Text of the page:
Lately, my titanium exterior has been softened towards Blogs (but only technical ones!). I began to use SSIS in extreme ways the day after RTM. My first project was to de-dupe 41m records of telco (Sprint) customer data. The data was horrendous and SSIS had fuzzy logic! Sounds like a perfect fit! The previous project owner had done it all in T-SQL. Yech! Certainly this wonderful new Microsoft technology can solve all our ills! What I learned on the next few weeks was an important lesson about SSIS that you all should know/learn. SSIS is a very powerful technology, but you have to use it correctly to be effective.

"Well, duh" you may say, but over the last ~2.5 years working with SSIS I've seen people use it in the worst ways EVER. This brings me to the motivation for this blog. I am here to slap some sense into y'all who are making the SSIS gods (and little babies) cry many many rivers of tears. When I started with SSIS there was little RELIABLE technical information for SSIS. Most of what was out there was inaccurate or speculative (even from Microsoft! I know, shocking). There are now several Blogs with some very good information, but there is so much that I have learned that isn't out there. I felt that it would benefit the community to get some of that information out to the unwashed masses.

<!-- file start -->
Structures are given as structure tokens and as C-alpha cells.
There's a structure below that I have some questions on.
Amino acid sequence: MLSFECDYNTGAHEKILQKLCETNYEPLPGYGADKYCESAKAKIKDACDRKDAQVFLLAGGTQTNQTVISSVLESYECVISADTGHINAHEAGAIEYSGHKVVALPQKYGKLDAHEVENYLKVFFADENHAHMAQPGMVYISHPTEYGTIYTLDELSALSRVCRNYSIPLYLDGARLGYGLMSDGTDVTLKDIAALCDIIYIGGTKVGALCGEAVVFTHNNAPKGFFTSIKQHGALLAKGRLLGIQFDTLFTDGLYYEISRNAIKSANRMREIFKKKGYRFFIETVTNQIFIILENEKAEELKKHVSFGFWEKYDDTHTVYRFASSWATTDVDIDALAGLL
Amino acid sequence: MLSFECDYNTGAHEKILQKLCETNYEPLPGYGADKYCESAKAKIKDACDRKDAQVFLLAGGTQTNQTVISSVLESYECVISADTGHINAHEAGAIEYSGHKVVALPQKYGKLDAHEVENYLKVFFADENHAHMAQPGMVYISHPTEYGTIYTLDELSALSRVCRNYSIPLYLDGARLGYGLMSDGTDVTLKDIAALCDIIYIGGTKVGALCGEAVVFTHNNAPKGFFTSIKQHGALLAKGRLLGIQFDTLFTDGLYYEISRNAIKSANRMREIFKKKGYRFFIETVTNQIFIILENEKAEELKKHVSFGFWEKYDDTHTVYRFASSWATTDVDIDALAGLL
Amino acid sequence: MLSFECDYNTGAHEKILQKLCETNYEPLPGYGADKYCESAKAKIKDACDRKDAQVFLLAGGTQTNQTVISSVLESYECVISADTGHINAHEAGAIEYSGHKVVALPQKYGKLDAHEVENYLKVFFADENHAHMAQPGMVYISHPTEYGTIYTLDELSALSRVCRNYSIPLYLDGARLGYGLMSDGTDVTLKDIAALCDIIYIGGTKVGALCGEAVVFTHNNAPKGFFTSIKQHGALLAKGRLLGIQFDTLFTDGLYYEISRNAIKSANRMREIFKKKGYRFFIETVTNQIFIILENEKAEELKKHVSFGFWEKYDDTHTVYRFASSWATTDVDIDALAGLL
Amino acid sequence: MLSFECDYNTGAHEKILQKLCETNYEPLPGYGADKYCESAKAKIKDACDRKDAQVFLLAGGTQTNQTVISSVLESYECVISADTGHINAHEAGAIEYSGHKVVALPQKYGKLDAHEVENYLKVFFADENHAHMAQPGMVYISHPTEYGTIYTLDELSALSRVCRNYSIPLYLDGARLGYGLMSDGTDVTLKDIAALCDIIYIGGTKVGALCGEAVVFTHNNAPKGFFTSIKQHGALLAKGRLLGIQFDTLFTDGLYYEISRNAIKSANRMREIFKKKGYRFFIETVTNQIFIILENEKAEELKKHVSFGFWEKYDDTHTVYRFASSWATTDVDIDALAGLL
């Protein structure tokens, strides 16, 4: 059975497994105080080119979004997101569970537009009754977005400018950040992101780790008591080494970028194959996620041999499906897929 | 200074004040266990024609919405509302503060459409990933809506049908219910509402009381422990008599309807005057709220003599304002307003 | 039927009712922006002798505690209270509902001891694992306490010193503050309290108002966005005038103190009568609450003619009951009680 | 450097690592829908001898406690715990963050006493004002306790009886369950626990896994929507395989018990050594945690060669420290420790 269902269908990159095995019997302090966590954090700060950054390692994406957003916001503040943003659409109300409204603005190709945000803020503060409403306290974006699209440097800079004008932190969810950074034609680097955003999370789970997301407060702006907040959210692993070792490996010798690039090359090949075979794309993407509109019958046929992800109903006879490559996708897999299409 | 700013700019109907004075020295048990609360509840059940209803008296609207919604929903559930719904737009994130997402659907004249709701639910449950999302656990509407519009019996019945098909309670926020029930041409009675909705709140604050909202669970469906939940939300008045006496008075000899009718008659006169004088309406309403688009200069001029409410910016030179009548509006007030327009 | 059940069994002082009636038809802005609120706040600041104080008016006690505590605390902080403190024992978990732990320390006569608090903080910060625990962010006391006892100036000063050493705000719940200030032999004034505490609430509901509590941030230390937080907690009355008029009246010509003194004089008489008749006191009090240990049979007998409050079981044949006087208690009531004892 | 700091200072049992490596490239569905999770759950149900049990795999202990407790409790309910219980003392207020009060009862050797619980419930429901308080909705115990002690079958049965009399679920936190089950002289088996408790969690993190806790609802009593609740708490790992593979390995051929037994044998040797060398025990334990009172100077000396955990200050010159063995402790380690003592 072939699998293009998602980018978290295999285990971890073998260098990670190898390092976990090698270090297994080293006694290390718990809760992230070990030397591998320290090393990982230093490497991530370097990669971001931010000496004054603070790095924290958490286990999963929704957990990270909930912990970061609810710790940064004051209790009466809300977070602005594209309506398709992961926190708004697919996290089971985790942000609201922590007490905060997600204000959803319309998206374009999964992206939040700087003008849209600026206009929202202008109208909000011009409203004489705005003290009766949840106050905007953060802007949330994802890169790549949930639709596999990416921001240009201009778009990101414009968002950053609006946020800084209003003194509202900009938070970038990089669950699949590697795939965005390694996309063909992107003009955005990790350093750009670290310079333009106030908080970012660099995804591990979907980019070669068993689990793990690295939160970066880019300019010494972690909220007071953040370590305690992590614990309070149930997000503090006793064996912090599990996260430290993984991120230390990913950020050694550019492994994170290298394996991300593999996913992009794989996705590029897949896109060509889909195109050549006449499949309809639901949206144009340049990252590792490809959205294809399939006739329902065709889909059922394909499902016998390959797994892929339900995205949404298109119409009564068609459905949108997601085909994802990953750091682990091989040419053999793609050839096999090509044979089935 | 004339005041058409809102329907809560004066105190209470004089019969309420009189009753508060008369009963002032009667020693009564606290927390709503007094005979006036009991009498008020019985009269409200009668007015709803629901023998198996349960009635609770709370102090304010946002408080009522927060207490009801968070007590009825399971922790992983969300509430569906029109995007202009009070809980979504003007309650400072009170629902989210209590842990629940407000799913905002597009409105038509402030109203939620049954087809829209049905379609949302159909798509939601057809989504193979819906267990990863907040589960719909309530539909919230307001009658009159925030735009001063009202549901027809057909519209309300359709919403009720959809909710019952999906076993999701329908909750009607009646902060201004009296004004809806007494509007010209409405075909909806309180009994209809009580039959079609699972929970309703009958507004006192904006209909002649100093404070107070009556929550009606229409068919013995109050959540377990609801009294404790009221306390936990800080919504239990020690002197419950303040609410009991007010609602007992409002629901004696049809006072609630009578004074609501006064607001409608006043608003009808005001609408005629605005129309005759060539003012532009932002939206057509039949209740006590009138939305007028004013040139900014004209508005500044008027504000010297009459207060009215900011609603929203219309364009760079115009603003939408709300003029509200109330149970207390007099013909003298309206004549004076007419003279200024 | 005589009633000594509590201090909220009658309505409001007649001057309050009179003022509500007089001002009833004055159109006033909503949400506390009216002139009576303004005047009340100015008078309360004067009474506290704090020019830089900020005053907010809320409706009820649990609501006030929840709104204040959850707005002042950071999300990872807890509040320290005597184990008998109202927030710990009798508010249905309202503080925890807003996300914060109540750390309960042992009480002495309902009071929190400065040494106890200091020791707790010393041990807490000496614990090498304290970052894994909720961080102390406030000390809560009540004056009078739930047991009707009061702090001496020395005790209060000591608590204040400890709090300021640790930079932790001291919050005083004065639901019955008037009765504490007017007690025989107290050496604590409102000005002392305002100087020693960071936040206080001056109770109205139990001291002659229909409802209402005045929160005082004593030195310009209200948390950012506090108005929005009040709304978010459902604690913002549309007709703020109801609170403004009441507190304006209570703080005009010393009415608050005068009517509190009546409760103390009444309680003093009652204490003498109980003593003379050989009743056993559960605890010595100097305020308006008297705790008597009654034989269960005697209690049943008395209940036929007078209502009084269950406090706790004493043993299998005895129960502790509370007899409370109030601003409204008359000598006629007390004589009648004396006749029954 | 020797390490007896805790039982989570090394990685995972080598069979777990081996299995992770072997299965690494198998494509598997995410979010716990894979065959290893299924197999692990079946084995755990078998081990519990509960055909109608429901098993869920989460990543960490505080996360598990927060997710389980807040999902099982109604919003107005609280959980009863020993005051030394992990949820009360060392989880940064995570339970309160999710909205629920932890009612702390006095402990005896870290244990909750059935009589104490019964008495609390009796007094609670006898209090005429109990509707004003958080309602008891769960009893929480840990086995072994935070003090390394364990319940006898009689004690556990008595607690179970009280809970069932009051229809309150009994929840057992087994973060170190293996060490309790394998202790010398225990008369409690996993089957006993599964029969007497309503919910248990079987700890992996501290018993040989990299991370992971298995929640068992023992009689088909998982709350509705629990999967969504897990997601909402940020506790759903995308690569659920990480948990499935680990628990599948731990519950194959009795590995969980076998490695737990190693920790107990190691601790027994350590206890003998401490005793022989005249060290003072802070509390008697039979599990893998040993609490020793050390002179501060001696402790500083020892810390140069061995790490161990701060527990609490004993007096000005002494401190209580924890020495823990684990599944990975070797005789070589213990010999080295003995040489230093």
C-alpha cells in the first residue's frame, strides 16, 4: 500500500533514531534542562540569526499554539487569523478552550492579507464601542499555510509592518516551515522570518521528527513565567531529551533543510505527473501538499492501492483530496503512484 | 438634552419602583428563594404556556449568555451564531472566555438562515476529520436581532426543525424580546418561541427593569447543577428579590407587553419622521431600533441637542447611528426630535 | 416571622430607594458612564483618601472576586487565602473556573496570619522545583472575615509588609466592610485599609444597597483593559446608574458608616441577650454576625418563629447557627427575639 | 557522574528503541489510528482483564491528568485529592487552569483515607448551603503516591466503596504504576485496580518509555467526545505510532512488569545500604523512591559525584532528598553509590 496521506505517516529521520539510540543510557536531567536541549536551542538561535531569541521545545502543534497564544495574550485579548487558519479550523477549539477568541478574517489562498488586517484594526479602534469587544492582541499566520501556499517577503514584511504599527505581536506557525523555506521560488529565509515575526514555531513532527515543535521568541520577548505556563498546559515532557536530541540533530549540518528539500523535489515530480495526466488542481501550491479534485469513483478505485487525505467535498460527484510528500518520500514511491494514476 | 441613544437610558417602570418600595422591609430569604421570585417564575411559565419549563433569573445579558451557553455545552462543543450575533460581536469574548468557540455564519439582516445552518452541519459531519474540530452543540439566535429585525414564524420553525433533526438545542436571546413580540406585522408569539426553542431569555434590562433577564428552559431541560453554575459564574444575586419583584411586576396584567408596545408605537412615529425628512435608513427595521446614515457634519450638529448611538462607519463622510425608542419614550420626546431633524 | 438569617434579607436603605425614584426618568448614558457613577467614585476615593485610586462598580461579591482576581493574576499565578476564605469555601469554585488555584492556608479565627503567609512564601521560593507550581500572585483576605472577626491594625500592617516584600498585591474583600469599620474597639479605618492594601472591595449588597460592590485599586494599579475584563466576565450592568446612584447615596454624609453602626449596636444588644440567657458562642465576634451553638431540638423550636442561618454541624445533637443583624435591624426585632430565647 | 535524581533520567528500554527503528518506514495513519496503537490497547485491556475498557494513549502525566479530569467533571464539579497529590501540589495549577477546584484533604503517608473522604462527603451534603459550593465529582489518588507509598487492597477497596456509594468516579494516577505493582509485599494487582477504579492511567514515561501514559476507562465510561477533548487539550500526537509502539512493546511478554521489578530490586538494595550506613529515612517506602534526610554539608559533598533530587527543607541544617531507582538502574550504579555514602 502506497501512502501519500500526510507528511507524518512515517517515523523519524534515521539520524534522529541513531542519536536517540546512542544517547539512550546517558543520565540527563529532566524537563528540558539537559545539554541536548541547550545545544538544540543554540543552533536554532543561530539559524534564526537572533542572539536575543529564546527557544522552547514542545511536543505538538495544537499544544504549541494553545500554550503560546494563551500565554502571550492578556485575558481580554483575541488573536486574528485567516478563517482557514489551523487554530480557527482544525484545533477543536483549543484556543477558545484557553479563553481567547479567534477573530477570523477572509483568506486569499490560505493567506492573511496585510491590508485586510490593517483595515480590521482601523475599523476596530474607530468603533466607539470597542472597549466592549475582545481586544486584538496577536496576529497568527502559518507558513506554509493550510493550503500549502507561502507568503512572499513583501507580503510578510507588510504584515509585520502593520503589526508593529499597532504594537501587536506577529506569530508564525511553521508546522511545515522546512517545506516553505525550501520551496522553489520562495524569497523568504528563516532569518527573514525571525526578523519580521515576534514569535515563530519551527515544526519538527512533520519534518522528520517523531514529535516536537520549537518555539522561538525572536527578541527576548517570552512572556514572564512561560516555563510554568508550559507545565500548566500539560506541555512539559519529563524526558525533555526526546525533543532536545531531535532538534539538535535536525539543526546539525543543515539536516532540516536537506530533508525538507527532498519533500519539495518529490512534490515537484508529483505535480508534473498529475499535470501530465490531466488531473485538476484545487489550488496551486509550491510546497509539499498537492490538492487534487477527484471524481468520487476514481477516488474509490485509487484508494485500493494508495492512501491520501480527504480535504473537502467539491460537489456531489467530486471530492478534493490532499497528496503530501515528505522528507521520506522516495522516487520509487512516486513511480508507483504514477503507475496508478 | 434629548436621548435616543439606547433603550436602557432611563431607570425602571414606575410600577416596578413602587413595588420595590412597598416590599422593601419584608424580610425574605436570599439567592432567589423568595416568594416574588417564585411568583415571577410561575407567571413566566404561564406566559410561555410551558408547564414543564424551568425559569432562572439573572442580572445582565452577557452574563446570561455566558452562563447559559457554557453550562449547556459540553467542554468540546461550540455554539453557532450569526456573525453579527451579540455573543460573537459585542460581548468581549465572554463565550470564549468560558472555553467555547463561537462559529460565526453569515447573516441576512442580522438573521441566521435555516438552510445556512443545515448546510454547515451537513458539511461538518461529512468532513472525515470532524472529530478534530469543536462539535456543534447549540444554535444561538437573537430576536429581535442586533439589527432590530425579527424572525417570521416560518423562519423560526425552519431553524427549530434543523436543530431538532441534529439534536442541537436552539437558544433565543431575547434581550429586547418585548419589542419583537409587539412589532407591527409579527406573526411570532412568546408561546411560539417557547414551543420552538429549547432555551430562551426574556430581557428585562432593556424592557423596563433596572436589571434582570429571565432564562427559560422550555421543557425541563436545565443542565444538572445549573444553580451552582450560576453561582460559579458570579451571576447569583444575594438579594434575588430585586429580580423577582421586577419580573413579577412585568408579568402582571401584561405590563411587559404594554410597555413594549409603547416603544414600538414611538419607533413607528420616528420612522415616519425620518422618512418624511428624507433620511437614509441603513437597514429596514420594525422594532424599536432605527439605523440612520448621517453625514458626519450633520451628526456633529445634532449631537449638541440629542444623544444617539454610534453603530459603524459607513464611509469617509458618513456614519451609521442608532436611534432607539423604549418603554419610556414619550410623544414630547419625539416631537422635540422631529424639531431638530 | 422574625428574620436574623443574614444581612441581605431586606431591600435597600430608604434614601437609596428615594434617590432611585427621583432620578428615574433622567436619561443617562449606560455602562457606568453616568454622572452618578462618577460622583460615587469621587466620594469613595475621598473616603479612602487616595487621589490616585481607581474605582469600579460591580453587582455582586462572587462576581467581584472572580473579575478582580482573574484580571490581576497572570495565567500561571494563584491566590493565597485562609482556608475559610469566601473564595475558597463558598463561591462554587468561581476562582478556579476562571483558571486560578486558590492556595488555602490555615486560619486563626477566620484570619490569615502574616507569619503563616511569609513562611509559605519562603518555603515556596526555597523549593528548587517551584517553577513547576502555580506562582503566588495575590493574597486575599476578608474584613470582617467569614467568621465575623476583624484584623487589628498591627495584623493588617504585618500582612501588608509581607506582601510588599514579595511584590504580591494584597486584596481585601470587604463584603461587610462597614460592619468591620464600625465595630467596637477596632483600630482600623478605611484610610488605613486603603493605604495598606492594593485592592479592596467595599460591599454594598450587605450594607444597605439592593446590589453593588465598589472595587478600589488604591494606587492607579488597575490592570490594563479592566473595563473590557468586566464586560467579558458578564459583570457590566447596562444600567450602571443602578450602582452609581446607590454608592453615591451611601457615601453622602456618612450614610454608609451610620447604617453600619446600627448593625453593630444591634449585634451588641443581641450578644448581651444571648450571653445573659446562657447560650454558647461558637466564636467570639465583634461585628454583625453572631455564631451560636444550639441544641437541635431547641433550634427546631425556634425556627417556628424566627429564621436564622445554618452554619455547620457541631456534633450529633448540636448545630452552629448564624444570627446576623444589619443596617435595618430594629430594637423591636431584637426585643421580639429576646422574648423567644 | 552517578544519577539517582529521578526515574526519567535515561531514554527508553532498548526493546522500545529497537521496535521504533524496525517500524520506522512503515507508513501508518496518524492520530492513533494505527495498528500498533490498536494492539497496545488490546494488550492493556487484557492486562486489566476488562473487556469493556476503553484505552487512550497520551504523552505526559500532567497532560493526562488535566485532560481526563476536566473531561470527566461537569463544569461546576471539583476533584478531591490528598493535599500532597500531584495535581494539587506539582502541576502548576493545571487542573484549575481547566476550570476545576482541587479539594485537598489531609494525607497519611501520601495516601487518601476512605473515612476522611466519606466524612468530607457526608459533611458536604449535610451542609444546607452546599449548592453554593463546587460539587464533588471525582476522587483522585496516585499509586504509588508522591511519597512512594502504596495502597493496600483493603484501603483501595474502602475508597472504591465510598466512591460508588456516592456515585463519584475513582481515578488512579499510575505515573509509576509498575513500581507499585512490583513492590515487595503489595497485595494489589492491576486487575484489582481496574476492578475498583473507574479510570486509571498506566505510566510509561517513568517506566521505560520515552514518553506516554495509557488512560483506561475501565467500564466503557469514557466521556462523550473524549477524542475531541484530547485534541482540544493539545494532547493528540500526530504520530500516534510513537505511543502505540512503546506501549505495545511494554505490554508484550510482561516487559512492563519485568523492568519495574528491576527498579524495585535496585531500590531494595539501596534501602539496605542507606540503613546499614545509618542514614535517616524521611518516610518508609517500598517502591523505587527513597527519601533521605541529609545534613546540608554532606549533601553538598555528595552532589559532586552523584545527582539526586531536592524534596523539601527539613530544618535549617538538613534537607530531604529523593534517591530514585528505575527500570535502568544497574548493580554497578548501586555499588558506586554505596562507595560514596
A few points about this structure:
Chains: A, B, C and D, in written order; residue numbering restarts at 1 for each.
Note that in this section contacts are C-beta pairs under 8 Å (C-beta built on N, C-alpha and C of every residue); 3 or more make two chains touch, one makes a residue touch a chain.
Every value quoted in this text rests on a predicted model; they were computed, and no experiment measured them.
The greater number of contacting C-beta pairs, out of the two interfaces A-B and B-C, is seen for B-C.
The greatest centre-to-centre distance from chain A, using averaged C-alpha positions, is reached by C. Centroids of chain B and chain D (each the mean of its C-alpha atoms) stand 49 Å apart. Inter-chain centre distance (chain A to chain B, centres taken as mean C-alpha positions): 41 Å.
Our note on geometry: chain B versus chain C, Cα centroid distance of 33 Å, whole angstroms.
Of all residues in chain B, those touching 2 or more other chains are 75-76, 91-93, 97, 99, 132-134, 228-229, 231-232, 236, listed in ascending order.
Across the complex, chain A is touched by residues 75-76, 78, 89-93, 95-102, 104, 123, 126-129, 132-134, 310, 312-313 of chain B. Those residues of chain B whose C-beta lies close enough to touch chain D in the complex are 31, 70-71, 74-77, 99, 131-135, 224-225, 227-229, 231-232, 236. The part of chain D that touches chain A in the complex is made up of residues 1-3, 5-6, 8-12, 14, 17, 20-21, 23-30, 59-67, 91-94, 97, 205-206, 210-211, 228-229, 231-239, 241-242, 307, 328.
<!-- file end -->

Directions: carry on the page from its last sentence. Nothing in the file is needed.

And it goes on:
The tips/lessons I have to post range from Mindless to MindNumbing and I will tell you up front what is difficult and what is simple. I will ATTEMPT to post at least once a week, but I cannot guarantee that regularity. I have a TON of stuff to get out there to start with, so there will most likely be a big burst of postings at the outset and then it will taper down a bit. Also, school will affect how often I post.